Tag Archives: Pandarus

Let’s talk about venereal disease

Troilus and Cressida has been read as a tragedy, a history, and a black comedy.  It has a dual plot line featuring a tragic love story and a political war drama.  But what you won’t find in the Sparknotes summary of Troilus and Cressida is that it’s really a story that’s part mystery, part cautionary tale about Pandarus’s syphilis.
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“Live aye with thy name!” Thoughts on Pimps and Posterity

Sex! Sex sells: we hear this all the time. Sex is sold, we hear this all the time whether it is in conversations about advertising or prostitution; Cressida in Troilus and Cressida; or the relative value of women and men at Dartmouth as they progress through their time here on the “Dartmouth X”: in all of these instances sex is a commodity to be purchased by the highest bidder.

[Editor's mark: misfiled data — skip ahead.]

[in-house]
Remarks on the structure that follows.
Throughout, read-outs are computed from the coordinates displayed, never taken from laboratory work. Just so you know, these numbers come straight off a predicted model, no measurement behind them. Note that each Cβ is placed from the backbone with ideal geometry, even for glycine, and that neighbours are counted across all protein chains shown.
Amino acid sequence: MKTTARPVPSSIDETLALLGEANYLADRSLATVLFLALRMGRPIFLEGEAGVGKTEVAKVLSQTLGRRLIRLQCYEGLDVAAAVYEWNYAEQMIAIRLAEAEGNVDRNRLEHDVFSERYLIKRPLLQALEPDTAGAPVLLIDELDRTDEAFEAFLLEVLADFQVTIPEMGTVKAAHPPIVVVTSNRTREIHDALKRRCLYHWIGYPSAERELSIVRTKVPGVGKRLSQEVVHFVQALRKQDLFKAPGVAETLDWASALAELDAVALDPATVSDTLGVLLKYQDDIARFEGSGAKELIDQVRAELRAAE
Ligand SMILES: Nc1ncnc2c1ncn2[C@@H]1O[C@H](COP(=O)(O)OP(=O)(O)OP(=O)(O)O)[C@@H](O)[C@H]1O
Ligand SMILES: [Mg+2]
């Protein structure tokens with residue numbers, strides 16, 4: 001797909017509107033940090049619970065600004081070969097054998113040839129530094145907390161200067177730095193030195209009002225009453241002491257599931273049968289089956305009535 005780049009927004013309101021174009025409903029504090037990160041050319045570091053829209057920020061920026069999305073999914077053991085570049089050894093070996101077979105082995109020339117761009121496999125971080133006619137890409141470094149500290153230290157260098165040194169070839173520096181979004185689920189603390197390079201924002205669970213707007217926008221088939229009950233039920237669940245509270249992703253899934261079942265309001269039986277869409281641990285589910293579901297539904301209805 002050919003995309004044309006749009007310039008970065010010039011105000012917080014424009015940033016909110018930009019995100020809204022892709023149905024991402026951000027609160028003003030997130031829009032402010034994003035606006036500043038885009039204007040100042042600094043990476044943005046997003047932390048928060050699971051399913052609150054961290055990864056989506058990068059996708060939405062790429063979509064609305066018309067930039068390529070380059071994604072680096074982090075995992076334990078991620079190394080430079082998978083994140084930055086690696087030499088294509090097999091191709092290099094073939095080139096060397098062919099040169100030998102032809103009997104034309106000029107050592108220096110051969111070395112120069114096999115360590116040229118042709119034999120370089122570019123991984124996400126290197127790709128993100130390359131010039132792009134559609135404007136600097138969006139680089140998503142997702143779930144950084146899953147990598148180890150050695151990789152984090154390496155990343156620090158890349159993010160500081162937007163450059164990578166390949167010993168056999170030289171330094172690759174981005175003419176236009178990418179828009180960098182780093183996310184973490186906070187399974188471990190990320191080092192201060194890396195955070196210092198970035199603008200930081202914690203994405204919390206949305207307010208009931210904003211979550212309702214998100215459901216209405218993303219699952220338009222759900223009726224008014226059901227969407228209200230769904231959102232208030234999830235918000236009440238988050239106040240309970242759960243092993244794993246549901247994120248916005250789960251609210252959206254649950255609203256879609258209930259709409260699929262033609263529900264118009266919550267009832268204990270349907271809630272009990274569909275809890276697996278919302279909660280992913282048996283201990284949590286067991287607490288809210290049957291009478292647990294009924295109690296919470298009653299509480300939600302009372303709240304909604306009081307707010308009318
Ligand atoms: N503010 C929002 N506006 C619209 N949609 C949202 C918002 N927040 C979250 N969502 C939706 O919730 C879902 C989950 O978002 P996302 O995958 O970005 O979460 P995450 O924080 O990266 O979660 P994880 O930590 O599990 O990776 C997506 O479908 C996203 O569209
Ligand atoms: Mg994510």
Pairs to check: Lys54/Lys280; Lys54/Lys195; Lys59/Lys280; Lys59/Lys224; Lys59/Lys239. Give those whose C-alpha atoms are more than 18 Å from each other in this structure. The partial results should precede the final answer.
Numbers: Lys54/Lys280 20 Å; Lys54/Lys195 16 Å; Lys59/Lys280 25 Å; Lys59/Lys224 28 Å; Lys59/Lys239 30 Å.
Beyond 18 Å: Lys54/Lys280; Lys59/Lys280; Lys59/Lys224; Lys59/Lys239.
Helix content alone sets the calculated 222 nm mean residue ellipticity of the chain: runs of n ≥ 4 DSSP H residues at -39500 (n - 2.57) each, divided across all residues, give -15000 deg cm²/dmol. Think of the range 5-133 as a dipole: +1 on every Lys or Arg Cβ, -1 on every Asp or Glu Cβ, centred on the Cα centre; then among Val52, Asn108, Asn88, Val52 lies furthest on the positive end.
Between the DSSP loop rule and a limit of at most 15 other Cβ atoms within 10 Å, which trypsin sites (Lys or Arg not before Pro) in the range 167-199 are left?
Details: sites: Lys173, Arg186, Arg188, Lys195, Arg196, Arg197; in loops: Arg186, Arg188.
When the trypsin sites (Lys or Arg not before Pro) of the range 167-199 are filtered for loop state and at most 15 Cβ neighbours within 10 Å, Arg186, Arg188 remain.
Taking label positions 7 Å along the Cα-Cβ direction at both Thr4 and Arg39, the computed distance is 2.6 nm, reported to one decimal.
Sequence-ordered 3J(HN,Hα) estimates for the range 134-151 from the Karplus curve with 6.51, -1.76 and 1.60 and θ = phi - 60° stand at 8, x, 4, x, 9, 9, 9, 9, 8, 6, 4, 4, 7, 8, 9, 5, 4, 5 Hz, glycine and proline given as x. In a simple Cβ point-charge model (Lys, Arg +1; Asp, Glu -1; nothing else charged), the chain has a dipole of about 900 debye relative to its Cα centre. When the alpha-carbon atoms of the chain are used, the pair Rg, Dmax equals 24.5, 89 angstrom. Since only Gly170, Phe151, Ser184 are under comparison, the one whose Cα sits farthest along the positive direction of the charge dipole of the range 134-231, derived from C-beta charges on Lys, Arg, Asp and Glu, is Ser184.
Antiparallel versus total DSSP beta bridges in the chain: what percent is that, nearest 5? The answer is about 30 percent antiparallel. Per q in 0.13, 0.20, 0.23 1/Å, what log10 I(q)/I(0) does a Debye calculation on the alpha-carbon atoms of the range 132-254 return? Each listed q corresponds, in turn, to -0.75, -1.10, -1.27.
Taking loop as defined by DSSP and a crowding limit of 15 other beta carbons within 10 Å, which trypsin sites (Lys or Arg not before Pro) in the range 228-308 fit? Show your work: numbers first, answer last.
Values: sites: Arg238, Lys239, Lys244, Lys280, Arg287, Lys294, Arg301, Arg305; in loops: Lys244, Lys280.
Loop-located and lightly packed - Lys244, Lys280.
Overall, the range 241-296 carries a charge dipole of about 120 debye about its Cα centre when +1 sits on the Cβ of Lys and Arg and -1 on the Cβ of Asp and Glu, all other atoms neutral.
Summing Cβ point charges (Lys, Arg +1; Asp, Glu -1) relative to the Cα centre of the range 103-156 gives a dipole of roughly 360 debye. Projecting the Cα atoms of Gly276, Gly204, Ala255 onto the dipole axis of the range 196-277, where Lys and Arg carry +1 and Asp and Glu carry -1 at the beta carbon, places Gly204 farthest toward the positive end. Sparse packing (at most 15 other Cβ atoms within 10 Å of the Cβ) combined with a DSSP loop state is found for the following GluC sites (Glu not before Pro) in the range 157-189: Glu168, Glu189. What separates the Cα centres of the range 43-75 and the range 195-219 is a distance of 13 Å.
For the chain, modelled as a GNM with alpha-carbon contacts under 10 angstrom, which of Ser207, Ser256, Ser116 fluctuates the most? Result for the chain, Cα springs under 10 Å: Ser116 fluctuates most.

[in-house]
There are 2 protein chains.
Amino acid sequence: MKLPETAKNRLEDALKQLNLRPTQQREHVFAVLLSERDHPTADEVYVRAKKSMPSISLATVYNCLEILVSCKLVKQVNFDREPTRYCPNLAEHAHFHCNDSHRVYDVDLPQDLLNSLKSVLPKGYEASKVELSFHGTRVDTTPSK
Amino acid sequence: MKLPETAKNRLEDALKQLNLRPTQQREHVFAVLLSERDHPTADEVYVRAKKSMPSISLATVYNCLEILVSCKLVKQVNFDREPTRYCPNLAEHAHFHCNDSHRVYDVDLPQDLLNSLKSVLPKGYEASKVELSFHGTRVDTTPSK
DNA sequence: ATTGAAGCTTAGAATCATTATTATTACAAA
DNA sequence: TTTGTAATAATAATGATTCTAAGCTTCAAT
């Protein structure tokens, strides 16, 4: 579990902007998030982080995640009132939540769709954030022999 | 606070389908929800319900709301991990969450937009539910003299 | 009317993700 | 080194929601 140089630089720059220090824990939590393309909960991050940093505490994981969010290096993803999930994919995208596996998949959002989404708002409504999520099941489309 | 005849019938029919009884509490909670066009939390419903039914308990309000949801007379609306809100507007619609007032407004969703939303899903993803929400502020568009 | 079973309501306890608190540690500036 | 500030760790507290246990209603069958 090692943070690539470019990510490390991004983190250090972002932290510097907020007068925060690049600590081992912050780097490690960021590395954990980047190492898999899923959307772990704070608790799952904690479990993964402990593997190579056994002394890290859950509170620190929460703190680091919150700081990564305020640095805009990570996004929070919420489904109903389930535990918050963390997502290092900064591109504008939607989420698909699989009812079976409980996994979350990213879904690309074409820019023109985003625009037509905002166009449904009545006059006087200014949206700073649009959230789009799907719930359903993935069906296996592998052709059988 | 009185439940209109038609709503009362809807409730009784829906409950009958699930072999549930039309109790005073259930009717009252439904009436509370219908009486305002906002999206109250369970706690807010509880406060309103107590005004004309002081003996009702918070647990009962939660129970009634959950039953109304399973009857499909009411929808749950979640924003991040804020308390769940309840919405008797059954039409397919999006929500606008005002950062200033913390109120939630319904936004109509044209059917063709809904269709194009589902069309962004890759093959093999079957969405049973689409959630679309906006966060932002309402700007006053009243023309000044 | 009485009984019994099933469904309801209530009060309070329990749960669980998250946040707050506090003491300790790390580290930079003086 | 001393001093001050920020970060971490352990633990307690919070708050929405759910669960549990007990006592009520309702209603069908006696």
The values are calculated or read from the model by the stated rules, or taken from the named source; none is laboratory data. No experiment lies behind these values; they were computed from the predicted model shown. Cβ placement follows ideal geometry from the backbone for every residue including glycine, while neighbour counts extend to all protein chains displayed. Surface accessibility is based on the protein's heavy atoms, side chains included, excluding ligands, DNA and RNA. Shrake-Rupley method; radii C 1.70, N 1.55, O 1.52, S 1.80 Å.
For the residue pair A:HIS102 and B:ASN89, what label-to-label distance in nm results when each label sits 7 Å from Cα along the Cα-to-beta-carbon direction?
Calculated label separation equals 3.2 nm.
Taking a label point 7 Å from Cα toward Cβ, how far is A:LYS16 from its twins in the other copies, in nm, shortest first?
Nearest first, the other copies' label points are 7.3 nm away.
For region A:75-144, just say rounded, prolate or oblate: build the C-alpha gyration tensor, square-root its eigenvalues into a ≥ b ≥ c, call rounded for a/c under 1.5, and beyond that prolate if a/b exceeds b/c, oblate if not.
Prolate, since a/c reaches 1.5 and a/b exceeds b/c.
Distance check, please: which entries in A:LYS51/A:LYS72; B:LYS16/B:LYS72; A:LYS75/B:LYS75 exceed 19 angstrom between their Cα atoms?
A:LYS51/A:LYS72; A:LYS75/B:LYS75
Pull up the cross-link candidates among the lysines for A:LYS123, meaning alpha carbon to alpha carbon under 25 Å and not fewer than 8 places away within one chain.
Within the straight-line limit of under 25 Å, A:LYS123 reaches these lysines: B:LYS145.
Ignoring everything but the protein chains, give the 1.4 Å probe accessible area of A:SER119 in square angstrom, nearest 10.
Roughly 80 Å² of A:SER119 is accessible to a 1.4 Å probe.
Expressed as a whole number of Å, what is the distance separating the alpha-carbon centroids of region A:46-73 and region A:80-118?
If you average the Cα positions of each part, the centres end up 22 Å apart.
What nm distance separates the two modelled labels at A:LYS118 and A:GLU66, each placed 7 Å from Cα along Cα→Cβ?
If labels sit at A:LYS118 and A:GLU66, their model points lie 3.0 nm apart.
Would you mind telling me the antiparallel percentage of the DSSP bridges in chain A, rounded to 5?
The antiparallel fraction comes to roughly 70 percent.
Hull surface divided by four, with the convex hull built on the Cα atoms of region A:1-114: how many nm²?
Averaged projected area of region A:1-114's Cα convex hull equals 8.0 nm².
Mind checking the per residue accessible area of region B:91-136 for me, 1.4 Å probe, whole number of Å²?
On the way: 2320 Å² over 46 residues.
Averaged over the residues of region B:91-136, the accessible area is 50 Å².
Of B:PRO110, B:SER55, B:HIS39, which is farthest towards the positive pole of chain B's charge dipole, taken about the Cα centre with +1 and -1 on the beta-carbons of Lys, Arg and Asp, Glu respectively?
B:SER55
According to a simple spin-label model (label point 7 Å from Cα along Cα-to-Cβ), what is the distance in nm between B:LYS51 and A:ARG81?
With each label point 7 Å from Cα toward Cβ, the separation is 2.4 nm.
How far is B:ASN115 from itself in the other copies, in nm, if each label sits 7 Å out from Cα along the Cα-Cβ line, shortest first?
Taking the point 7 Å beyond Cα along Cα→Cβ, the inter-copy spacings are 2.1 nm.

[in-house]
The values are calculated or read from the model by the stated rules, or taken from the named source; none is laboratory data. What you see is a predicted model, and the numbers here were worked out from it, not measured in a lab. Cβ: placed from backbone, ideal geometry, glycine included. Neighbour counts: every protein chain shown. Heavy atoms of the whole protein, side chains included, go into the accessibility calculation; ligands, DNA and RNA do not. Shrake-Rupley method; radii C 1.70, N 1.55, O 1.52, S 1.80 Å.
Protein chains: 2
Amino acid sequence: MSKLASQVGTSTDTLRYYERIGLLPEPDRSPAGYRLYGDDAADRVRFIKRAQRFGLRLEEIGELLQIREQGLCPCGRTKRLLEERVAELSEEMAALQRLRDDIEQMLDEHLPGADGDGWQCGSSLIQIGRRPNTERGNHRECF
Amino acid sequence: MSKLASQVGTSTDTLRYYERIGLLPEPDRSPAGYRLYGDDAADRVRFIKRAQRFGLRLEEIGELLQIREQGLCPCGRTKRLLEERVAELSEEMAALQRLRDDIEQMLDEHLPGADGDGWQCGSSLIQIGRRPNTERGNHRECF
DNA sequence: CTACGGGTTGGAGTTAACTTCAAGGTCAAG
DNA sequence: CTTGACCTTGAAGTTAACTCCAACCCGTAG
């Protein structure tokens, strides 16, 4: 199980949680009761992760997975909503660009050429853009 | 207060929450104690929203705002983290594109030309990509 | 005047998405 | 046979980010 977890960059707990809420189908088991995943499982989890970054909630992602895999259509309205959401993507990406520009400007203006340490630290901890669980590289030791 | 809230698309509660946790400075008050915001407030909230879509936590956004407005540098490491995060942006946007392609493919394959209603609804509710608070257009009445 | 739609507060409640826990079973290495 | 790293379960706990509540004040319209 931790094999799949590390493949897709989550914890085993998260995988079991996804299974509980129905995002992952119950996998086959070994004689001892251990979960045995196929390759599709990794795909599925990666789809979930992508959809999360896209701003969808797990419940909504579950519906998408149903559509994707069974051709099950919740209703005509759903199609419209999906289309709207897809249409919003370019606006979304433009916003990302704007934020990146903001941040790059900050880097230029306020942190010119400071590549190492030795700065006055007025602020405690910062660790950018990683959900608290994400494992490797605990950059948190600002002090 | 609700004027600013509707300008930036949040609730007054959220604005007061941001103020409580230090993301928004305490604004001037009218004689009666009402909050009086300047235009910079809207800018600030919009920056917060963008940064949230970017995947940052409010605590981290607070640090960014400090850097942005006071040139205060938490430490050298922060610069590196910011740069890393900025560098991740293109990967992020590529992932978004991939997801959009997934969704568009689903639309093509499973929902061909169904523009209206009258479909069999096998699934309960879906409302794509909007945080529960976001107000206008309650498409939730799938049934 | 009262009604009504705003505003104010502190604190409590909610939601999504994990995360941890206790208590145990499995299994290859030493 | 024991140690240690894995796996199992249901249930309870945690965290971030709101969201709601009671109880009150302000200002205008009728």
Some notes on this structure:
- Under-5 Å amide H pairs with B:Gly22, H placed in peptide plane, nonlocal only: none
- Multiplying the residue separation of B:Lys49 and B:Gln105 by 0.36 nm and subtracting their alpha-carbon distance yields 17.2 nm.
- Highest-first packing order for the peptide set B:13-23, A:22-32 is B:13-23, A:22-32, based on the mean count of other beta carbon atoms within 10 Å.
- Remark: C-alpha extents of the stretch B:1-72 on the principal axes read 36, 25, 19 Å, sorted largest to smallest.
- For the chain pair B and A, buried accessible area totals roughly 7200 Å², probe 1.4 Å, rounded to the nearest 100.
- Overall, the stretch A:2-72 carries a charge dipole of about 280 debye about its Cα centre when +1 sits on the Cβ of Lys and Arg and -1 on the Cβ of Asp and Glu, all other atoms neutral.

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A Poor What Now?


In a play about a war between Trojans and Greeks, a word in Shakespeare’s Troilus and Cressida seems a bit out of place: the Italian word capocchia. The notes in the text of The Complete Pelican Shakespeare edition of the play merely translate it to mean “simpleton” (508). However, Gretchen Minton and Paul B. Harvey Jr. suggest that it may have a more raunchy meaning that better fits with the character of Pandarus (who utters the word) and the word play so beloved by Shakespeare. Continue reading